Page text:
Published by Harper Perennial on April 29th, 2014
Buy on Amazon
Russia, 1986. On a run-down apartment block in Moscow, a nine-year-old prodigy plays his piano silently for fear of disturbing the neighbors. In a factory on the outskirts of the city, his aunt makes car parts, hiding her dissident past. In a nearby hospital, a surgeon immerses himself in his work, avoiding his failed marriage.
And in a village in Belarus, a teenage boy wakes to a sky of the deepest crimson. Outside, the ears of his neighbor's cattle are dripping blood. Ten miles away, at the Chernobyl Power Plant, something unimaginable has happened.Now their lives will change forever.
An end-of-empire novel charting the collapse of the Soviet Union, All That Is Solid Melts into Air is a gripping and epic love story by a major new talent.
I had a review written for this book, but the blog crashed and I lost it all. Taught me to save my reviews in another place besides just here. That review was incredibly hard to write and articulate exactly what I wanted to say, so I cannot even imagine doing it days later, because it’s even harder. But I’ll try.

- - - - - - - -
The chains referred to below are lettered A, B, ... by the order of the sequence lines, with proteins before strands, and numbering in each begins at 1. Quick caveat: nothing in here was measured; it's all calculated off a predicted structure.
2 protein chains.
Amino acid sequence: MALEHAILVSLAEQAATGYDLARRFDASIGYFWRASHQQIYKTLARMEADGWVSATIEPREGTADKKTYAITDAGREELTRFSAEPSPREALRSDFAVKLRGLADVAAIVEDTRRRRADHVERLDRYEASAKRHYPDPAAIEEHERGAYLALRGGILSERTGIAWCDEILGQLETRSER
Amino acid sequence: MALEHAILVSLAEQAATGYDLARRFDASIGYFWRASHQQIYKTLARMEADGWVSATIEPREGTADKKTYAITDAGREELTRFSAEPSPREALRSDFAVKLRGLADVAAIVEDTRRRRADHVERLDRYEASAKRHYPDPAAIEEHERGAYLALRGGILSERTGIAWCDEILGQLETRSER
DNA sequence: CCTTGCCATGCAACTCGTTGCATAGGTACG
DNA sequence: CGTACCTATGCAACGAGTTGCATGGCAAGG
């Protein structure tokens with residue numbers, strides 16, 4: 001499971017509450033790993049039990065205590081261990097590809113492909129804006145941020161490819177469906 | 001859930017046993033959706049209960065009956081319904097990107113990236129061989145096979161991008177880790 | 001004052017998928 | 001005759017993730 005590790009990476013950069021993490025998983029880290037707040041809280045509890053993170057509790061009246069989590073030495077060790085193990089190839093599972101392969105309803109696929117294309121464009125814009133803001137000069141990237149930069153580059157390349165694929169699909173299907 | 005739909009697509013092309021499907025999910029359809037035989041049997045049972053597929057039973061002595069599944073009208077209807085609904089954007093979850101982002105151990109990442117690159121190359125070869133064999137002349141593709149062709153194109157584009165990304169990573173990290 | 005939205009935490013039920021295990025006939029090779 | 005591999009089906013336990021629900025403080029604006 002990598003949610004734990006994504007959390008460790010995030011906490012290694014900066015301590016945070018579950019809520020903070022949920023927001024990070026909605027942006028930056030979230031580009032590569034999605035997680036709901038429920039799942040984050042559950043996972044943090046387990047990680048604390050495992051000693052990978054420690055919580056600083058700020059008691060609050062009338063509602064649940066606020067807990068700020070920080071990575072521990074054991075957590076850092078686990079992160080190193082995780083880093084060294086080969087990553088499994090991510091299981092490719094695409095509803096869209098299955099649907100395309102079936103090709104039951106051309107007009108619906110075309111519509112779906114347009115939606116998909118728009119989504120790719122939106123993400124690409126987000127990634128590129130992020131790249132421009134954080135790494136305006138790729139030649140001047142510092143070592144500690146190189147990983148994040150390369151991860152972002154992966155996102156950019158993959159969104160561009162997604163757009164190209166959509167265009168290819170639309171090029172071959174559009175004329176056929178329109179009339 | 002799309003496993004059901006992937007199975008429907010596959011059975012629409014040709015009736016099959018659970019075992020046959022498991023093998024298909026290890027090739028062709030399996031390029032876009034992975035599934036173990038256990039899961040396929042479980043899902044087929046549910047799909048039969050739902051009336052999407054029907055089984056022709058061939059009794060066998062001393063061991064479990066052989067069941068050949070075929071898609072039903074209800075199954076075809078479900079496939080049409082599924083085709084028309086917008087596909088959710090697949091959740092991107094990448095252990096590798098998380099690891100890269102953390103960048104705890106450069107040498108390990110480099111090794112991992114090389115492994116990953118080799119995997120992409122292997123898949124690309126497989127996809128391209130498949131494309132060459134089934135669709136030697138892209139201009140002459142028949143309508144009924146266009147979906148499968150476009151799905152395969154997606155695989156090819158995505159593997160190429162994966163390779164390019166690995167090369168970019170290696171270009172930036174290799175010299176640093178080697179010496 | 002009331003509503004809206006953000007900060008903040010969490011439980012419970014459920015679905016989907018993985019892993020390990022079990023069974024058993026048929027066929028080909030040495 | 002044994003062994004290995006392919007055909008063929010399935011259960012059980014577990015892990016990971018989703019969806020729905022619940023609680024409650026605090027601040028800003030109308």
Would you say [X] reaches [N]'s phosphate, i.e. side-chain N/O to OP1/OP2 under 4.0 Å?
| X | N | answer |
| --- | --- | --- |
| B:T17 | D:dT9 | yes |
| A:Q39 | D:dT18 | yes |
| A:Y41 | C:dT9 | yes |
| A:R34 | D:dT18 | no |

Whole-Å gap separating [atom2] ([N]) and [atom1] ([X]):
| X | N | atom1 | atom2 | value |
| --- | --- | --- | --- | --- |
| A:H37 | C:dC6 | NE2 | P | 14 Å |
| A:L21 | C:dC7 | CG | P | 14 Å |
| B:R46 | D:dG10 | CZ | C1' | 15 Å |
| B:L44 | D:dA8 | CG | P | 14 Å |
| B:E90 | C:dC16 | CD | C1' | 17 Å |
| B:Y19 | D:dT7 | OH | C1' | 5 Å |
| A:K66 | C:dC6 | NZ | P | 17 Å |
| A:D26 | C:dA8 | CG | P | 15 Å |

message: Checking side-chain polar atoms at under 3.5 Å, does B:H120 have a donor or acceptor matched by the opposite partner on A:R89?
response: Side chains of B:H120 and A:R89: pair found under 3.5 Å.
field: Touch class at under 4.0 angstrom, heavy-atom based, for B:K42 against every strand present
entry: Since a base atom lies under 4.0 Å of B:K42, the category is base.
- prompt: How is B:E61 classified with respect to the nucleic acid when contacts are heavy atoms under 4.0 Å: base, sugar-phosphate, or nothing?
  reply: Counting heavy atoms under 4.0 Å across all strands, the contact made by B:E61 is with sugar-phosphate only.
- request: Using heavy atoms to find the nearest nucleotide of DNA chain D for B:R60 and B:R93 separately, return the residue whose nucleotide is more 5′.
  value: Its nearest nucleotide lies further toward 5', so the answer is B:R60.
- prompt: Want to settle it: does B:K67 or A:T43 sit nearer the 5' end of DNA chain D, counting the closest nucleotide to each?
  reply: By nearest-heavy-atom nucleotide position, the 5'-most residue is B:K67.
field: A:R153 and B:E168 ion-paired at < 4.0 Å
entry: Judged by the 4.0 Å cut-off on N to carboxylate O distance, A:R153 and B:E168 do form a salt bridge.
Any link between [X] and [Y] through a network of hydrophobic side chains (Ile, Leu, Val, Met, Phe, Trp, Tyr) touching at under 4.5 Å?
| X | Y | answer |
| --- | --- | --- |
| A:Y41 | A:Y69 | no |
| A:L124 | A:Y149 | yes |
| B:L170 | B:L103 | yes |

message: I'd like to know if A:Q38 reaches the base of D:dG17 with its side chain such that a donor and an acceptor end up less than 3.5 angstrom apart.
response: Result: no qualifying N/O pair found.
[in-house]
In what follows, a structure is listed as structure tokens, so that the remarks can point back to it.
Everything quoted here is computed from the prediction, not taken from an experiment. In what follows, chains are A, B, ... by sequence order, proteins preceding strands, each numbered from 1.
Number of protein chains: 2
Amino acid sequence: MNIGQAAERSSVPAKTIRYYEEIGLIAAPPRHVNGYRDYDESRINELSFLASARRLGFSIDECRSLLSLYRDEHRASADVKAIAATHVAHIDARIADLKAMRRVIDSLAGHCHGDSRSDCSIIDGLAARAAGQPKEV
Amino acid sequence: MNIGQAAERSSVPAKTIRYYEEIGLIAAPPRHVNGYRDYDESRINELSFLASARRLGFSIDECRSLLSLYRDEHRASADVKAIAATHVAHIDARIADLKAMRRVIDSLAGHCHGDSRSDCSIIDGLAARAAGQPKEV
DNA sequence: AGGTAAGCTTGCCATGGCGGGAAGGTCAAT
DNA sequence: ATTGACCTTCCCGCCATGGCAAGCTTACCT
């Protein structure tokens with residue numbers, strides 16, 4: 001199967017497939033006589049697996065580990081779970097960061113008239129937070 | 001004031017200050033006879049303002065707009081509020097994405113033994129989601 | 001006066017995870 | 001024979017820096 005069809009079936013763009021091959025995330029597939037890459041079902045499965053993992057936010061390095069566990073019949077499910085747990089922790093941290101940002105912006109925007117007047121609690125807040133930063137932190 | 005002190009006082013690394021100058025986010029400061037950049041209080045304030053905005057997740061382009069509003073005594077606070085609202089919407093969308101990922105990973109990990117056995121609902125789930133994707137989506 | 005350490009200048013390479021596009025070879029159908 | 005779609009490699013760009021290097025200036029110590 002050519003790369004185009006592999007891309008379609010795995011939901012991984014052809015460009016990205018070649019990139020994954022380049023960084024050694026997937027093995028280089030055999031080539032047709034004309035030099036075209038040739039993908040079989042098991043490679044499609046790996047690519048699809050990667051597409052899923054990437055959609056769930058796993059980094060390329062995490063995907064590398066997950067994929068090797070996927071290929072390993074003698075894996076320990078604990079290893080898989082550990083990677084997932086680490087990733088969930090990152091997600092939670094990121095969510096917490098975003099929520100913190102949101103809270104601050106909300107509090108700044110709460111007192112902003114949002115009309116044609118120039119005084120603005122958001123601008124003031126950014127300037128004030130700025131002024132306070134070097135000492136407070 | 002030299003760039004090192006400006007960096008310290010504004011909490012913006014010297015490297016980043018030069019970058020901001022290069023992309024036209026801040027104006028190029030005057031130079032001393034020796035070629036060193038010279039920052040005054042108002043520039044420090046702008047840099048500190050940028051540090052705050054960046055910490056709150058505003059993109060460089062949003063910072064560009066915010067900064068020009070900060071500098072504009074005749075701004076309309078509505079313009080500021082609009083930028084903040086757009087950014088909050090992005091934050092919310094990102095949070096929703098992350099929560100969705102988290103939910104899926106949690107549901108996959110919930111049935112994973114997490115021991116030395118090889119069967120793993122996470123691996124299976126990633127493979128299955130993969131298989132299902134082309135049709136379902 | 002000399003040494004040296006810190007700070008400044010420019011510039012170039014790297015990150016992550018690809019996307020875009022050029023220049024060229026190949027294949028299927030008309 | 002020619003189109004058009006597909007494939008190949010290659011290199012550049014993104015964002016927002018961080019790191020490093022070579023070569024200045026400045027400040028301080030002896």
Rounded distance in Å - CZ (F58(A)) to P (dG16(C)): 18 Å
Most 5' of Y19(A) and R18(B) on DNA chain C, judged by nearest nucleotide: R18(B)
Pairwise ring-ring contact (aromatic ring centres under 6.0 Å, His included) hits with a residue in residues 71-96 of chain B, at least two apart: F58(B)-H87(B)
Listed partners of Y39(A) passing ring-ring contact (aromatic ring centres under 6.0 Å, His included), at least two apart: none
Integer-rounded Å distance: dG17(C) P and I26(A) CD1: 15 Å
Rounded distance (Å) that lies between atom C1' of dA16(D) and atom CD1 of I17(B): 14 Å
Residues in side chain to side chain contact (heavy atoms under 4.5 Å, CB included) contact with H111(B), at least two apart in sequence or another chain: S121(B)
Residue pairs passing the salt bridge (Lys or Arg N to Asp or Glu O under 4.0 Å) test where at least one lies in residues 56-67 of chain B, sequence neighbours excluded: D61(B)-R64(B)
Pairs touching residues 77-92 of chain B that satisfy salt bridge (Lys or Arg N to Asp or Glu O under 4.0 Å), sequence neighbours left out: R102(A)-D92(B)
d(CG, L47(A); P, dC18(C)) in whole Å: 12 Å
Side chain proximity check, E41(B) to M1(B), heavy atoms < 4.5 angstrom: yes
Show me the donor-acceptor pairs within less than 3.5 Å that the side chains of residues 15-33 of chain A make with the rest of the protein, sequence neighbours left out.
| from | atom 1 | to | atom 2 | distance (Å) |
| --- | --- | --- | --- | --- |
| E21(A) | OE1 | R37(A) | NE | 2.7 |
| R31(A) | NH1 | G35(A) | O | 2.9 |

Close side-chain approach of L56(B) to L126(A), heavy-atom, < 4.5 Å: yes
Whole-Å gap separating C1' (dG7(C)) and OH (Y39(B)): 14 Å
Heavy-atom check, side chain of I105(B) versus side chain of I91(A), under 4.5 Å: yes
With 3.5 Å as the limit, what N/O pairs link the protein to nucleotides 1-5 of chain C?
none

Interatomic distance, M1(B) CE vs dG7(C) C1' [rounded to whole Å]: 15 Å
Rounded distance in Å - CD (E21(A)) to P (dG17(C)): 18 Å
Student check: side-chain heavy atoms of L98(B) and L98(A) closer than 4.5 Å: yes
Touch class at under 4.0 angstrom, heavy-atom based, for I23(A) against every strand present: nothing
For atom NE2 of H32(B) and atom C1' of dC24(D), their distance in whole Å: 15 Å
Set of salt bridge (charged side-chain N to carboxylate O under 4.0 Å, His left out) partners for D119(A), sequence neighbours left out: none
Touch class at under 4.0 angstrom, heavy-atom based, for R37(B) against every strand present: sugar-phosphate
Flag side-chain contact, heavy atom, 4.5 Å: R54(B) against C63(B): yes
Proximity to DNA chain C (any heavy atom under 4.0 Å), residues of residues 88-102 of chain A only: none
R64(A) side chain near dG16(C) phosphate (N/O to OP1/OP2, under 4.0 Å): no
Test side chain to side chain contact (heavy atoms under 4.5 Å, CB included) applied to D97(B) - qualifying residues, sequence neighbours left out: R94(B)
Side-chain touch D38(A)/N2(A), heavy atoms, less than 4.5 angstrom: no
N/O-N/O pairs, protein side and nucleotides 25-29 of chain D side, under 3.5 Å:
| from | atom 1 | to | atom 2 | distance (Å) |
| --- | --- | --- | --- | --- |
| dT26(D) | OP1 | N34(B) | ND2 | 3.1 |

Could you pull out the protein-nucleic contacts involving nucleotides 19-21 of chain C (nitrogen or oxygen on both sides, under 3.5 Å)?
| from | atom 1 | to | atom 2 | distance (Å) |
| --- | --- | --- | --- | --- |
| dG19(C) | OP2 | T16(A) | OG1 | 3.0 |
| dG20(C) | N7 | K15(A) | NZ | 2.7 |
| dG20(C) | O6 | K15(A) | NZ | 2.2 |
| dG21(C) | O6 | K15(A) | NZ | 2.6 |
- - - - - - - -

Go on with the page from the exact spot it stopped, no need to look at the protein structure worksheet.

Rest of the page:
This book is literary fiction. That’s the first thing you should know. And literary fiction is a genre that does not work for a good portion of readers. I, myself, am very picky about what literary fiction I read and I do not read a lot of it. Why? Because it’s the avante garde of the book world. A lot of it is very stylistic and deliberately without a plot or contains a certain tone or style. In the case of All That Is Solid Melts Into Air, it was the plot, or specifically, the lack of one.
The writing was absolutely gorgeous. Deep, heavy, and atmospheric, but without much direction. I thought this was going to be a book about the Chernobyl disaster, and parts of it were, but most of it wasn’t. Instead, it was a character driven novel about Chernobyl, living in Communist Russia, and the downfall of the Iron Curtain. Which was fascinating in its own way but not what I expected it to be. I just expected more of a story. Instead, it felt like snapshots of daily life in an incredibly bleak and depressing landscape.
You know, which is something that I know a lot of readers actually like! But honestly, I think if the writing had not been good, I would have probably DNFed this. It just wasn’t my thing but the gorgeous voice and fleshed-out characters kept me reading. So in the end, not the suspense I was looking for which, unfortunately, affected my enjoyment of the book.
This is still some quality literature though! But when a book doesn’t live up to your expectations, it’s hard. The good thing is that it has increased my interest in Chernobyl and the surrounding areas. I think I will just stick to non-fiction from this point on though.